20. Robert Saleh, Jets
Career Record: 4-13 (.235)
With The Jets Since: 2021
Last Year’s Ranking: — —

10 head coaches were replaced this offseason. That means the worst are gone. What is left are the incompletes. That is what Robert Saleh is after a 4-13 inaugural campaign that was merely a waystation between where he and the Jets hope they are going. To say it was trying would be an understatement. New franchise player Zach Wilson struggled mightily, getting outplayed by Joe Flacco in-house and third-rounder Davis Mills amongst the rookie class. He did at least cut down on his turnovers in the second half of the season, an important first step. Wilson’s rookie year might have been easier had supposed linchpin LT Mekhi Becton not disappeared amongst rumors about his weight. On Saleh’s side of the ball, the picture was arguably bleaker. The Jets cratered to 32nd in both points and yards allowed. If there was hope Saleh’s enthusiasm and scheming prowess would help the Jets skip a step in their rebuild, they were disabused of that notion. This is an assignment where there will be no shortcuts. That is why a coach of Saleh’s leadership capabilities is paramount. 2021 offered no evidence that Saleh is not the man for the job. It just reminded how tall the task truly is.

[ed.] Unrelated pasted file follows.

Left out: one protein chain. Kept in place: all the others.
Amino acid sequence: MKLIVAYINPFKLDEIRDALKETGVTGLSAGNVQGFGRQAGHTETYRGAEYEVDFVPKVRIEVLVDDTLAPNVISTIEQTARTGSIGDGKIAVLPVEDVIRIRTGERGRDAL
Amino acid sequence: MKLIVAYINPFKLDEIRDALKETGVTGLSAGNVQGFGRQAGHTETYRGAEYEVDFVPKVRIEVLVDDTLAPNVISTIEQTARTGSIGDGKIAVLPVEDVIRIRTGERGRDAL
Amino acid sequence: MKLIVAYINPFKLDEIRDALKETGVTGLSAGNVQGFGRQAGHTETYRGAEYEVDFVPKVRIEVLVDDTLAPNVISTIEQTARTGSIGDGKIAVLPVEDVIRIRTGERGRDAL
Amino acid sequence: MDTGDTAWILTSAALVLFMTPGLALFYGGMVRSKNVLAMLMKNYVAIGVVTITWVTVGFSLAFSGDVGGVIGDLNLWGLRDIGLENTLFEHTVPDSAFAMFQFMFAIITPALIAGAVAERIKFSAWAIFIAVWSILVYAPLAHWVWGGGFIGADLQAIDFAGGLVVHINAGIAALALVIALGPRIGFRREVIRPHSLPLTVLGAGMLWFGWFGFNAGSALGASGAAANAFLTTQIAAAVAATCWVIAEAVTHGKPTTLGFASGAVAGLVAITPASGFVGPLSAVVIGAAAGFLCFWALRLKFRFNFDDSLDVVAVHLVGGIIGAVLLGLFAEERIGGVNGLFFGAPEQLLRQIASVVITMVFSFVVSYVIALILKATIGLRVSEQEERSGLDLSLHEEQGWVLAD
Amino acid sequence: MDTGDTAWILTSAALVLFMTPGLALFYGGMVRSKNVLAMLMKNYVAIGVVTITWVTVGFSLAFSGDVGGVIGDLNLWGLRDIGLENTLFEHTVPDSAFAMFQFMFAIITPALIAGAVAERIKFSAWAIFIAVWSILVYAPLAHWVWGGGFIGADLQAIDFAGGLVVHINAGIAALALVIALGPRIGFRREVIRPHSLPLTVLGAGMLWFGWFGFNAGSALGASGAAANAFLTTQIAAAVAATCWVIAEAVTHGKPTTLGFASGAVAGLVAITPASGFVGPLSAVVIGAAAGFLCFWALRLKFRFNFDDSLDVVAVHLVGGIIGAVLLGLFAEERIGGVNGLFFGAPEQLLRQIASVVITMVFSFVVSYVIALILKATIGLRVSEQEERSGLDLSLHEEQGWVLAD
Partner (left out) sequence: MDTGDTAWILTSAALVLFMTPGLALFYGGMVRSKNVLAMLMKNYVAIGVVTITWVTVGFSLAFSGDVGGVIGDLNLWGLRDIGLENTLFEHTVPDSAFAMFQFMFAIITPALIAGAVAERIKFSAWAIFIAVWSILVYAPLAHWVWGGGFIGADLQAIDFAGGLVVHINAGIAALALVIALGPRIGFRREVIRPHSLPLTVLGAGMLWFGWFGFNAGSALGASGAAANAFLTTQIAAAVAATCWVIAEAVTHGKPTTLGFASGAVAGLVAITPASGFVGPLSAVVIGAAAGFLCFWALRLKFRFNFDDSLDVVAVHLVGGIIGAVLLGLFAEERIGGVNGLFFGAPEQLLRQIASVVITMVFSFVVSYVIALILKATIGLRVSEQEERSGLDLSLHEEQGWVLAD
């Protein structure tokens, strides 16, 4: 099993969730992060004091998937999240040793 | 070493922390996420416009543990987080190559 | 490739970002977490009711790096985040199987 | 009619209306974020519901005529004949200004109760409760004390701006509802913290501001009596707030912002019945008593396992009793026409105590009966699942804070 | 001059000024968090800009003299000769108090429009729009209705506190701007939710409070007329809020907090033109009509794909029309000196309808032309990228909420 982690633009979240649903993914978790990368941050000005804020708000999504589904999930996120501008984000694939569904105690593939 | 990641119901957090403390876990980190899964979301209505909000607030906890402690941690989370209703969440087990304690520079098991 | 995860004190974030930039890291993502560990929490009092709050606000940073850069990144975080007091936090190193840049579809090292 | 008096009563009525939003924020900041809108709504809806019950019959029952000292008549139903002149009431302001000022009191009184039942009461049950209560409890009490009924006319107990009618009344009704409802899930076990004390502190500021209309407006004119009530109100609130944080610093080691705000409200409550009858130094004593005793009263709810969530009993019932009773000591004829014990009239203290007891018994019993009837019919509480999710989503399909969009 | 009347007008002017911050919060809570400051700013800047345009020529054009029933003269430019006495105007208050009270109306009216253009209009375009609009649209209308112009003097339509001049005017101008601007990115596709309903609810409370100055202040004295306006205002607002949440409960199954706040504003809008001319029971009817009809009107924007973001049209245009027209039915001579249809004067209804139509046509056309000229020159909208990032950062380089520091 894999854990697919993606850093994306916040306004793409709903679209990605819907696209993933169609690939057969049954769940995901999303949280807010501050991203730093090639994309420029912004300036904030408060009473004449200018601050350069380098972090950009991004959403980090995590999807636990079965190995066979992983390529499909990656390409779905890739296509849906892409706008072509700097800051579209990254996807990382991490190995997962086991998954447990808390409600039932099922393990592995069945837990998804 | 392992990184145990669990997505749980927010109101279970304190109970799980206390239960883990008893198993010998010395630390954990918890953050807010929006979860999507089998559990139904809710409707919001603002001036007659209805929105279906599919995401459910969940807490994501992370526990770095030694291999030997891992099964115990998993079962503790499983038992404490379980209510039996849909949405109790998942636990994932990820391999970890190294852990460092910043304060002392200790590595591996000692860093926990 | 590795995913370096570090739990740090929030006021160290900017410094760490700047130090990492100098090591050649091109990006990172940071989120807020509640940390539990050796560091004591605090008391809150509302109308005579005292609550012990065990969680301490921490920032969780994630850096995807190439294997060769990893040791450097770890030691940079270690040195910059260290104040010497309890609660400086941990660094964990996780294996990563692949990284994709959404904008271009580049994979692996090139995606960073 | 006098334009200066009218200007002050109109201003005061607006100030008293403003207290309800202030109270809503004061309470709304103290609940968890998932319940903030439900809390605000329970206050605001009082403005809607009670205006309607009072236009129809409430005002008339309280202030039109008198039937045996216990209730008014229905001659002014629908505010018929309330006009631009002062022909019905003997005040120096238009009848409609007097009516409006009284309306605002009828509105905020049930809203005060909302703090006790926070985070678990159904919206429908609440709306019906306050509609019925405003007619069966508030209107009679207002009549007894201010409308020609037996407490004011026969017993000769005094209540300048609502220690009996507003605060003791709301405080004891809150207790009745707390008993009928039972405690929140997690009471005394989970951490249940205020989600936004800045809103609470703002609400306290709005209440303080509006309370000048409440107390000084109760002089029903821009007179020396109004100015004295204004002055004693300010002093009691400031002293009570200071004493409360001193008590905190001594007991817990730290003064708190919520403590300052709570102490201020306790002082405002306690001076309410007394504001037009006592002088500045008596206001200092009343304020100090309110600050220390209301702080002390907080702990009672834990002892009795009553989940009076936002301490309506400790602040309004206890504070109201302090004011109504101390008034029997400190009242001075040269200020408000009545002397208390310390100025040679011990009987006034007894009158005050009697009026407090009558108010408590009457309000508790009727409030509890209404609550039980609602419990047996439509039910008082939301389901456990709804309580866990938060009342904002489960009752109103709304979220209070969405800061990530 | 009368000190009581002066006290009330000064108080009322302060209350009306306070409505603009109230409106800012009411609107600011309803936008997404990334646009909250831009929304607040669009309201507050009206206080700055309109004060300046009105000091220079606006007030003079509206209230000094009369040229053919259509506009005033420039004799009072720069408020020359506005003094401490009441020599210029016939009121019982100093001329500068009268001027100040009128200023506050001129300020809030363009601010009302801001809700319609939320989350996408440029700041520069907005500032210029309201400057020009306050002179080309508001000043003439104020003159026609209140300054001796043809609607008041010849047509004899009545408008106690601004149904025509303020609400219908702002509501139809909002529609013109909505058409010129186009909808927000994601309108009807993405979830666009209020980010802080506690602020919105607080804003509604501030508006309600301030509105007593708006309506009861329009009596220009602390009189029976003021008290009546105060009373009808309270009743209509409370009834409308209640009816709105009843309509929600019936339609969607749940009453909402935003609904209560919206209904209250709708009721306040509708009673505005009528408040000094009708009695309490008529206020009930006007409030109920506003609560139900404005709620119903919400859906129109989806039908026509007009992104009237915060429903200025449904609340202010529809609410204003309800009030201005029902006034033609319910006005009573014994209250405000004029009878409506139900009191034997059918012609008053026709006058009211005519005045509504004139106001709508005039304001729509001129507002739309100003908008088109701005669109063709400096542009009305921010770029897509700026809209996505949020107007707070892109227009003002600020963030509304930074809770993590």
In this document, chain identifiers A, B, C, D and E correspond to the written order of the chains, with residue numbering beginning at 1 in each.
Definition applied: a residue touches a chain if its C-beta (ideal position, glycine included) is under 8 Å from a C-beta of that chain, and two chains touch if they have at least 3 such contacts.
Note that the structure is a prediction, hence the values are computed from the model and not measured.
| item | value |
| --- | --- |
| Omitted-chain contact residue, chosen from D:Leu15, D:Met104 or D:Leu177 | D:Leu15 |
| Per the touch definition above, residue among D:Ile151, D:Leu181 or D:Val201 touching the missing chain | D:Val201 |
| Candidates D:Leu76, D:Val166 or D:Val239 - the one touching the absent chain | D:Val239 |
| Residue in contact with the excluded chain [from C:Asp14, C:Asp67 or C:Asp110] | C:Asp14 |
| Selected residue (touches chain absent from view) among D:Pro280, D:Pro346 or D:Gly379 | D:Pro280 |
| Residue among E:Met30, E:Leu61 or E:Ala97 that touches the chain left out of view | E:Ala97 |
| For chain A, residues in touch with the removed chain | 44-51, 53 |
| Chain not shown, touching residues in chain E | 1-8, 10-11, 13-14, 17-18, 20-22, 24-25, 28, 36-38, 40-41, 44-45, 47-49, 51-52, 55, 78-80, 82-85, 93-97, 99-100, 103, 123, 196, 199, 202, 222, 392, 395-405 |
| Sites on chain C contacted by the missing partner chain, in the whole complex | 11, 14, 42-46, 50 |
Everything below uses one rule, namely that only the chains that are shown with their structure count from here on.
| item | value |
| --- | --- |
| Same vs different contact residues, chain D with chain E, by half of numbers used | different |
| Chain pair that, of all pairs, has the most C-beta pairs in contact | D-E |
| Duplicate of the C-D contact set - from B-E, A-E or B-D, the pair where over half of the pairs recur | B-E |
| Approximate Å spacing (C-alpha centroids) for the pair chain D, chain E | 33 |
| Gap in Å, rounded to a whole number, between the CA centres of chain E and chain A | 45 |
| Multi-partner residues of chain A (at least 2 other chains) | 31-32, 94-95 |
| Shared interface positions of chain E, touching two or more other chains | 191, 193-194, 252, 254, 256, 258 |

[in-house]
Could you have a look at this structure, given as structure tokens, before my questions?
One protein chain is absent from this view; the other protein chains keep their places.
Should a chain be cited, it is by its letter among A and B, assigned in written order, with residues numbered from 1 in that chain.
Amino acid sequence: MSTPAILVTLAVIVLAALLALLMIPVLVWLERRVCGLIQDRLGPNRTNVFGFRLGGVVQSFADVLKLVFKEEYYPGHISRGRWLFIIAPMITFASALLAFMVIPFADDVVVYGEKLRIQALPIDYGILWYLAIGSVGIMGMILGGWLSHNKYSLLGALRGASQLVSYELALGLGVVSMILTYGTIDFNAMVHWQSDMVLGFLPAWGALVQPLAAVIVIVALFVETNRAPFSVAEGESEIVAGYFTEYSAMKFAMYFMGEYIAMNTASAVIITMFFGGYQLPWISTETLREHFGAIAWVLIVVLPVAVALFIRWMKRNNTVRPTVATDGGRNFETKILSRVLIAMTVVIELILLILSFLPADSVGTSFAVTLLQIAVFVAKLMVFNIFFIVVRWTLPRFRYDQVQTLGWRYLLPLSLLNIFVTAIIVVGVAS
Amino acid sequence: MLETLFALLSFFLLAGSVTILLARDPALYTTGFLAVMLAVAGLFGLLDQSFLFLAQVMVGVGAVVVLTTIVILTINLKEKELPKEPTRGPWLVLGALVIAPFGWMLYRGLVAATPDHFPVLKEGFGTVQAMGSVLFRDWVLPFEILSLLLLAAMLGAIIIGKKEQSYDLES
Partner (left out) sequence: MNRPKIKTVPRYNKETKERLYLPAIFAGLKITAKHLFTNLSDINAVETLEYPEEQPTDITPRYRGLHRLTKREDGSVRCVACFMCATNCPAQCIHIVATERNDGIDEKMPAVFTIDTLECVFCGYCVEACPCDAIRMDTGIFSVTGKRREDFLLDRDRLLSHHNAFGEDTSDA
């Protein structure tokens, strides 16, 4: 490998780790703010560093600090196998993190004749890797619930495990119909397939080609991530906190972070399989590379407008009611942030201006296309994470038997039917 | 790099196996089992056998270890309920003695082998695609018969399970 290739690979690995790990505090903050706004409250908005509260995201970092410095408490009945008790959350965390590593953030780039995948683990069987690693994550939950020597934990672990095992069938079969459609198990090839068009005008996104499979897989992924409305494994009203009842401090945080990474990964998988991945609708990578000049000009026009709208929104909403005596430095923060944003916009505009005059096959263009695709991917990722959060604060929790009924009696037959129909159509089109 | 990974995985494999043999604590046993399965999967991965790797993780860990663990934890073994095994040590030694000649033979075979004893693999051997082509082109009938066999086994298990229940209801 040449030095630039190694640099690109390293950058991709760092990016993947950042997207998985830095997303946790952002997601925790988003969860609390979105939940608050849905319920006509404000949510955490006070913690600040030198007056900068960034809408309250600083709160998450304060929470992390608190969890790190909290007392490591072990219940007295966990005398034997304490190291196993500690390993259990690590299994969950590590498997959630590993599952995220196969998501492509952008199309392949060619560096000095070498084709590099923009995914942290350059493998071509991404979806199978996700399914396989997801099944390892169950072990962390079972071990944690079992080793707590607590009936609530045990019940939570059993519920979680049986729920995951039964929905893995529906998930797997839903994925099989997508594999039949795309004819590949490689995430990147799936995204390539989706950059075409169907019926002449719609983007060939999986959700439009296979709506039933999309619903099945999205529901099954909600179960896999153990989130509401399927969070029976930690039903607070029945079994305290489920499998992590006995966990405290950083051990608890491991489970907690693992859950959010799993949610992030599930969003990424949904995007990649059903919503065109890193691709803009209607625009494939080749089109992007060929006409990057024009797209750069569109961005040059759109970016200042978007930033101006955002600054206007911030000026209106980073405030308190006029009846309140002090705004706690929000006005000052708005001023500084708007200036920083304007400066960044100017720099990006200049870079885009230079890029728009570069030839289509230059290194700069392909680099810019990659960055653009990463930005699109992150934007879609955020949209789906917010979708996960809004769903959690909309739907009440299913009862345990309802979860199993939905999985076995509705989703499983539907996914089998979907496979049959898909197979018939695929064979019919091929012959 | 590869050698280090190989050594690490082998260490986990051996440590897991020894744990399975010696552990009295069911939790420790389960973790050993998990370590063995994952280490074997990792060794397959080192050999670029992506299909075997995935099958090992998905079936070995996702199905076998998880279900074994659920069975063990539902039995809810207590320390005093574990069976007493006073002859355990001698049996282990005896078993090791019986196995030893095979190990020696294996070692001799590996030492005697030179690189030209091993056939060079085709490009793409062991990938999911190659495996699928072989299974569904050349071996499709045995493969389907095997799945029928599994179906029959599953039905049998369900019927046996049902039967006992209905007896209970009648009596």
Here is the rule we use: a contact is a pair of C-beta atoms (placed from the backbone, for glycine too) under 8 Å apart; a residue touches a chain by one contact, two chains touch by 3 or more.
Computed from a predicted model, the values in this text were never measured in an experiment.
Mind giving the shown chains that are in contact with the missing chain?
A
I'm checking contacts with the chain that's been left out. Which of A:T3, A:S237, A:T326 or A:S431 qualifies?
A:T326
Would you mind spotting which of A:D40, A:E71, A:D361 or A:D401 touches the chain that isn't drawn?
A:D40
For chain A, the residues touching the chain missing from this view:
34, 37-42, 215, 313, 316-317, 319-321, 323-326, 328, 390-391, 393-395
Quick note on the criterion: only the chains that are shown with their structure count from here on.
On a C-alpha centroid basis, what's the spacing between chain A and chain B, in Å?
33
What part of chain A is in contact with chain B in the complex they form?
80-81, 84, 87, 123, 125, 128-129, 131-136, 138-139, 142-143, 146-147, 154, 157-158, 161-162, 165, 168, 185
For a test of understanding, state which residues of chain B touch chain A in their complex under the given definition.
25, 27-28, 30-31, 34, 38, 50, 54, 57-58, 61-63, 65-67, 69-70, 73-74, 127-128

21. Mike McCarthy, Cowboys
Career Record: 143-92-2 (.608)
With The Cowboys Since: 2020
Last Year’s Ranking: 20